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Focusing on the Experiment

May 2006
Hardware-based drift compensation is helping to maintain microscope focus over long periods of time.

Hank Hogan, Contributing Editor

For Alexey Khodjakov, a researcher at the New York State Department of Health’s Wadsworth Center in Albany, it wasn’t a question of if but when he would lose focus. Following cells as each divided into many, he and colleagues in his lab conducted experiments for 72 or 96 hours, zeroing in with a research microscope on mammalian cells that were typically 5 to 10 μm thick. The depth of focus depended on the optics, but it was usually less than 1 μm. When the air conditioning cycled on, the focus would move up or down by a micron or two — enough to cause problems.

Traditional focus-maintaining solutions didn’t work, so Khodjakov turned to a relatively new technology, hardware-based drift compensation. Microscopes using the technique solved his problem and allowed him to collect data for 96 hours or longer.

Khodjakov used a Nikon system, but systems also are available from Olympus America Inc. of Melville, N.Y., and Applied Scientific Instrumentation (ASI) Inc. of Eugene, Ore. Although there are differences in implementation, these systems work in a similar fashion. They send red light through the optics, reflect it off the coverslip in various ways, capture the reflection of light and use that information to find the coverslip. They then maintain a constant distance to that reference point to within a fraction of a depth of field.

The limits of stability

Microscope focus can drift because of temperature changes and the pull of gravity on an objective-laden — and, therefore, heavy — turret. In the past, the problem was solved in a number of ways. One was by throwing people at it; for example, by assigning students to maintain focus. That method is expensive and doesn’t work well.

A more sophisticated approach involves software-controlled autofocus; the best focus is found by maximizing the contrast for an object in the field. The up to six seconds that this method requires is too slow for some applications. In addition, the technique exposes the sample to light, which can be a problem for living cells. In some cases, contrast-based autofocus can rob researchers of data by diverting some of the maximum allowable light from imaging to focusing. “If you only have 200 exposures before your cell dies, you want to record all 200,” Khodjakov said.

A final solution employs environmental chambers that keep the setup at a constant temperature. These are typically used to maintain cells at a desired temperature, but they also control thermal drift. Unfortunately, the chambers are expensive, take up room and don’t work in all situations.

Over the past five to 10 years, microscopes have become much more stable. Stan Schwartz, vice president of product and marketing at Nikon Instruments in Melville, N.Y., noted that, beginning about 1998, his company embarked on a concerted effort to reduce focus drift to a minimum. Mechanics were improved, problems with heavy objectives solved and special alloys resistant to thermal change employed. Those enhancements were combined with linear encoders, motorized assemblies that can move a stage or objective to a precise location. The focusing mechanism, for example, now has a stepping accuracy of 0.05 μm.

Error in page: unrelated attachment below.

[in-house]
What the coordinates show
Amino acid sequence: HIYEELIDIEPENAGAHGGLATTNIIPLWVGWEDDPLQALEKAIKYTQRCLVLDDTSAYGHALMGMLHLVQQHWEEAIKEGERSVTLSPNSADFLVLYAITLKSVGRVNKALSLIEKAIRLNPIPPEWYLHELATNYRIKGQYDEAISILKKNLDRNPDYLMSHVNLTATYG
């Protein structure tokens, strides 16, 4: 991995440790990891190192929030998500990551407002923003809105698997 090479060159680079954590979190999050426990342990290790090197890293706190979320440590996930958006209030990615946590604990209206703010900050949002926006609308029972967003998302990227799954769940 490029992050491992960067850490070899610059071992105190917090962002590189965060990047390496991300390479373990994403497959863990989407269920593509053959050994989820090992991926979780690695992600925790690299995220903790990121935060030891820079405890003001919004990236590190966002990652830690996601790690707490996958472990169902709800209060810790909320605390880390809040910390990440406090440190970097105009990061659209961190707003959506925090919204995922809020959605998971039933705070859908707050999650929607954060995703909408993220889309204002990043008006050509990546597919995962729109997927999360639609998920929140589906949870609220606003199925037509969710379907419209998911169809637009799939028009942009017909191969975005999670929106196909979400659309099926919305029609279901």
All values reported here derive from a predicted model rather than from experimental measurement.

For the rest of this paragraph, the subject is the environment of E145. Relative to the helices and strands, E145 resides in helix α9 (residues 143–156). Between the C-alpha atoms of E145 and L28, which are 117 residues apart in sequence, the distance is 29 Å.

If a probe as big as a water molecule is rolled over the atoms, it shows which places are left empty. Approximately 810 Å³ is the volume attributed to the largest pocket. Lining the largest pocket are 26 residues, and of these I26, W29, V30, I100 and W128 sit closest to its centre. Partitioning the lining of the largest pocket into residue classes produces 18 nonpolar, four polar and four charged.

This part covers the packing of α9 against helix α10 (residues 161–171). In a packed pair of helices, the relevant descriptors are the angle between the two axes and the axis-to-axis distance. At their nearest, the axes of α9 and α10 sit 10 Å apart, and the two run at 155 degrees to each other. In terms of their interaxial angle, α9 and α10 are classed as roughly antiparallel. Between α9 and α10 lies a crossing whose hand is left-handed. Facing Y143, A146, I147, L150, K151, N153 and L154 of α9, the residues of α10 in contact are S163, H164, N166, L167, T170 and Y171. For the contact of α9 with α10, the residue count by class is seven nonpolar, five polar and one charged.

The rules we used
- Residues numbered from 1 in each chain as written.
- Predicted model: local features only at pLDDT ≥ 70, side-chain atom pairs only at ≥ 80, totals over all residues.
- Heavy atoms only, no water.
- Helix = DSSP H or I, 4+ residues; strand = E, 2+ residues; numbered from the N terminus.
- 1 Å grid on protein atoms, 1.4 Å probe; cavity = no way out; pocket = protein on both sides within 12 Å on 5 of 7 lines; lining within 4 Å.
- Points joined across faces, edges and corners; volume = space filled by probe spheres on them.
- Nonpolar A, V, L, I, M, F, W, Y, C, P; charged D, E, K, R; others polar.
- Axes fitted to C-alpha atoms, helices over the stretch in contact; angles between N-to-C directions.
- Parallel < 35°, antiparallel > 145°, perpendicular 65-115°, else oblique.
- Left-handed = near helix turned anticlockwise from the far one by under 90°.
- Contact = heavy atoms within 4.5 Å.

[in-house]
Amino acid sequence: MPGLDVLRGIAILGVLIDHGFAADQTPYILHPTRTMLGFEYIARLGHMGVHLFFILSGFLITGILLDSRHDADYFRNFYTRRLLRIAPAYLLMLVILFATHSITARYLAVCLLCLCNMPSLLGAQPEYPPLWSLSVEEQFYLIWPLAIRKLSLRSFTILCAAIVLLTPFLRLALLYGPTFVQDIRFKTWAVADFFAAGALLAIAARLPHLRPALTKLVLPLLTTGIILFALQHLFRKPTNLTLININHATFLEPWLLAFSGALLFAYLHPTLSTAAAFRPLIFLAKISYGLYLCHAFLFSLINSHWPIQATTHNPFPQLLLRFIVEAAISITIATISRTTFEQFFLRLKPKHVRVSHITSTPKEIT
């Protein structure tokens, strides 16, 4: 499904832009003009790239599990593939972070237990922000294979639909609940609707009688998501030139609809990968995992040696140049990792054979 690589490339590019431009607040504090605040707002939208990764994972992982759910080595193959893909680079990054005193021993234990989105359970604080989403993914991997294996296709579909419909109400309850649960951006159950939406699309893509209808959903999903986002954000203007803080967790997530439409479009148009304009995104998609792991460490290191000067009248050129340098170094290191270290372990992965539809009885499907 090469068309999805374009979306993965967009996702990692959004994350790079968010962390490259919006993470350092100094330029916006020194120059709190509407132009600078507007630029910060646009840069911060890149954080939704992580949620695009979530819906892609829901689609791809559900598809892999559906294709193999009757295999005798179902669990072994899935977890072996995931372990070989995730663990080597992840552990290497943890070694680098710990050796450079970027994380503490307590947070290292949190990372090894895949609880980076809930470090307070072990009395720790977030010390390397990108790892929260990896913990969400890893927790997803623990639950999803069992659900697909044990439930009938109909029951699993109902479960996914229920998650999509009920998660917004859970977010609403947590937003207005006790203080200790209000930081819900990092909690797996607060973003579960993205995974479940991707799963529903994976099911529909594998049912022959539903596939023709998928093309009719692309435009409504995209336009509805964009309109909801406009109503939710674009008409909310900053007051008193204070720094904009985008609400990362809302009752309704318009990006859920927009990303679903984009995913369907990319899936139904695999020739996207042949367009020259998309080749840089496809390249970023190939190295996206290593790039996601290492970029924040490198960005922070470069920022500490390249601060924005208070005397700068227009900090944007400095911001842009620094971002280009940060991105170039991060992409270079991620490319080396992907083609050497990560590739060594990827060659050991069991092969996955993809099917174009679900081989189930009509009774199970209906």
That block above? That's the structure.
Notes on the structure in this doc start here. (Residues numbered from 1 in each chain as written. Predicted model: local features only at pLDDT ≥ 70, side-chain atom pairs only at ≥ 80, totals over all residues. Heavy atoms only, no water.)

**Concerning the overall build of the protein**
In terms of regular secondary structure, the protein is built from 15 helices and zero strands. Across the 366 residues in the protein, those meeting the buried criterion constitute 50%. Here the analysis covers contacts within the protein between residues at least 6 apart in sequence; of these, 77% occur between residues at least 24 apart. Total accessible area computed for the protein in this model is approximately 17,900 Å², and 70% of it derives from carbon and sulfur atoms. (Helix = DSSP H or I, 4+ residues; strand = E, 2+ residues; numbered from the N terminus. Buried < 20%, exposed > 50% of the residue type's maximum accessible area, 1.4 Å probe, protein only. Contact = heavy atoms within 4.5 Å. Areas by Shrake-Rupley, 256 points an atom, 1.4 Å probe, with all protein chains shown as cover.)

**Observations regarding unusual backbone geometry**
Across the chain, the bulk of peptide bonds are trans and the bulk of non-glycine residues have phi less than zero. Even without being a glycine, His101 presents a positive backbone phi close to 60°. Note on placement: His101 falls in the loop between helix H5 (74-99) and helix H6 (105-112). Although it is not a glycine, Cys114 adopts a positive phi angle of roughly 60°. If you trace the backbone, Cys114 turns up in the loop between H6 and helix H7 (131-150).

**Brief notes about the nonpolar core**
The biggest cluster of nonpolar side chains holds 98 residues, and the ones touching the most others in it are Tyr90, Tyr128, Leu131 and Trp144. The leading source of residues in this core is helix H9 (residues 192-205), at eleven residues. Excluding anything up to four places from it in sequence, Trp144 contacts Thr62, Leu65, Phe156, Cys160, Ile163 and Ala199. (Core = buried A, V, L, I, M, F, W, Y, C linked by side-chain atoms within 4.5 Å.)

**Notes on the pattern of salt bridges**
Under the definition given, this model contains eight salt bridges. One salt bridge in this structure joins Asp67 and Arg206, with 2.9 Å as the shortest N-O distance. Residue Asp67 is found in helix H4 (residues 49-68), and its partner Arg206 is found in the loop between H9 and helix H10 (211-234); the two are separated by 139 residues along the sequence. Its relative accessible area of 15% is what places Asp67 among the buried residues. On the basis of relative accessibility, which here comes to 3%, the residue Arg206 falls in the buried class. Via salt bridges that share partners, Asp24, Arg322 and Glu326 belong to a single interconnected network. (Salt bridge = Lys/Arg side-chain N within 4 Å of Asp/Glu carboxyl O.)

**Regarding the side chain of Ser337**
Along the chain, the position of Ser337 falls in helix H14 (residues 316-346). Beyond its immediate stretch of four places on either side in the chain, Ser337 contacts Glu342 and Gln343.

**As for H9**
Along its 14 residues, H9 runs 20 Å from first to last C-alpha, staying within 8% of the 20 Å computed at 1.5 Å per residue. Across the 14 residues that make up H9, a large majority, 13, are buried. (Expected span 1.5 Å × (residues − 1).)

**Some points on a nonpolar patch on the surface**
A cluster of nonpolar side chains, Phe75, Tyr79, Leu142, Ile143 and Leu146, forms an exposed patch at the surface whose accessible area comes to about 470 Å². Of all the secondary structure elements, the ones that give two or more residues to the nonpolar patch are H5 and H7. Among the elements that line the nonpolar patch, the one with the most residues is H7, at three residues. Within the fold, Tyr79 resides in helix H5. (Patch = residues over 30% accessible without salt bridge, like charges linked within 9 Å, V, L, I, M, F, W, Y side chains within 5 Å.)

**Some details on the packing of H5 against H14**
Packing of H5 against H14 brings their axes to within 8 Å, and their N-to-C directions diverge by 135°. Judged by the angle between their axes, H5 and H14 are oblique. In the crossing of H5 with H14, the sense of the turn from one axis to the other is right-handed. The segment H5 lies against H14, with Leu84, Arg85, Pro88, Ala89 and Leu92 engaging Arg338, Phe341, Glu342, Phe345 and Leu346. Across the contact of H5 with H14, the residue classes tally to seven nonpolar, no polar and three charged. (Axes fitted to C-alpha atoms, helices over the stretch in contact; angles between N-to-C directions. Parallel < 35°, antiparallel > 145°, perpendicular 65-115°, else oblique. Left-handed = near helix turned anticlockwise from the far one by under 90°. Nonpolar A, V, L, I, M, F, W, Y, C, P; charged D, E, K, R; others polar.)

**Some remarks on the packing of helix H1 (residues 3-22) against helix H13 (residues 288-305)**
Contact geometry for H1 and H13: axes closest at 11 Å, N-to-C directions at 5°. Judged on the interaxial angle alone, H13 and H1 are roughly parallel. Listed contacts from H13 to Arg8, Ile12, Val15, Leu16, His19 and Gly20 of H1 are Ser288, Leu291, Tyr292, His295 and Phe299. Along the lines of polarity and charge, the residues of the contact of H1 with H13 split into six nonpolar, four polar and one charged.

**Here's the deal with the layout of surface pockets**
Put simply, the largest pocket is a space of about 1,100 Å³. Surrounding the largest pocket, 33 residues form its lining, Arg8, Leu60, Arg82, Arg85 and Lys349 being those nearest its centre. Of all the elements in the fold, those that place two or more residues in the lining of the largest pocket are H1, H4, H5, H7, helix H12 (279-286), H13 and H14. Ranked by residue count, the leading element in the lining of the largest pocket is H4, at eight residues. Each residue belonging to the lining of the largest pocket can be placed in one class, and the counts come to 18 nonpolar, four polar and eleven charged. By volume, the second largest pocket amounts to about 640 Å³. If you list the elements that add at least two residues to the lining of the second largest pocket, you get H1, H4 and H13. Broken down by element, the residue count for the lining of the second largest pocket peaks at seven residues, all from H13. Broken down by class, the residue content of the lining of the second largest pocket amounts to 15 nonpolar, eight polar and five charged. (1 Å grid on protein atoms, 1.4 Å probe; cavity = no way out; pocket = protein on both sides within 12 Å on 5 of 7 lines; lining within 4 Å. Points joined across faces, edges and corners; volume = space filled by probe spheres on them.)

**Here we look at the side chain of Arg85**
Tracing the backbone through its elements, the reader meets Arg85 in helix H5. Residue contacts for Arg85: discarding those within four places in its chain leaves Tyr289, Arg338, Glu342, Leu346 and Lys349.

Such efforts by microscope vendors mean that today’s systems stay in focus plus or minus a micron or two. Going beyond that level, however, proved to be difficult with passive techniques, Schwartz said. “What we found out was that there was still thermal drift. There is thermal drift in the stage plate and other mechanical components, as well as thermal expansion and contraction in the specimen chamber itself,” he said.

Continuous correction

Several types of studies are affected by the inability to hold or to quickly come into focus. For example, constant focus is important in long observation studies of living cells such as the type of investigations done by Khodjakov and in total internal reflection fluorescence (TIRF) microscopy. The TIRF technique produces an excitation height of 0.1 μm, so keeping the focus to within 1 μm isn’t good enough.

Nikon’s Perfect Focus System uses a patented offset lens implementation, and a small laser diode at 770 nm gets the reflection off the coverslip. It was introduced on the company’s PE-2000 E2 microscope.

For correcting focus, the optics must be on the coverslip, but researchers typically want to look at some other point. By using an offset lens, they can do this while the system continues to correct for focal drift every few hundred milliseconds.

The autocompensation system adds about $20,000 to the price of the microscope, according to Stephen Ross, a senior scientist at Nikon Instruments and manager of product and technology. Adding drift compensation raises the price, but for a type of microscope that costs more than $100,000, the extra expense isn’t extreme, he added.

These shots of rapid calcium imaging show how a drift-compensation system — in this case, from Nikon — can correct for thermal changes. Two particles adhered to the coverslip are tracked from 2 s before to 60 s after the addition of the reagent. (A) did not have drift compensation, while (B) did. As a result, (B) stays in focus while (A) goes out until the drift-compensation system is turned on 60 s after the reagent is added.

Retrofitting to perfection

ASI also has a hardware drift-compensation product, which it introduced in response to requests from researchers. Because the company doesn’t make its own microscopes, its solution, dubbed Continuous Reflective-Interface Feedback Focus (CRIFF), is designed to work with any system using an objective lens with a numerical aperture of at least 1.4 and a photo port. “Because we use a 780-nm laser diode, whatever filter sets are used inside the microscope have to have a notch or be able to pass that,” added John Zemek, executive director of ASI.

The ASI drift-compensating unit works by total internal reflection off the coverslip, recording the position of the reflected beam after the system is locked down. It then maintains that position and the spacing to the coverslip. It requires an objective with a 1.4 or higher numerical aperture.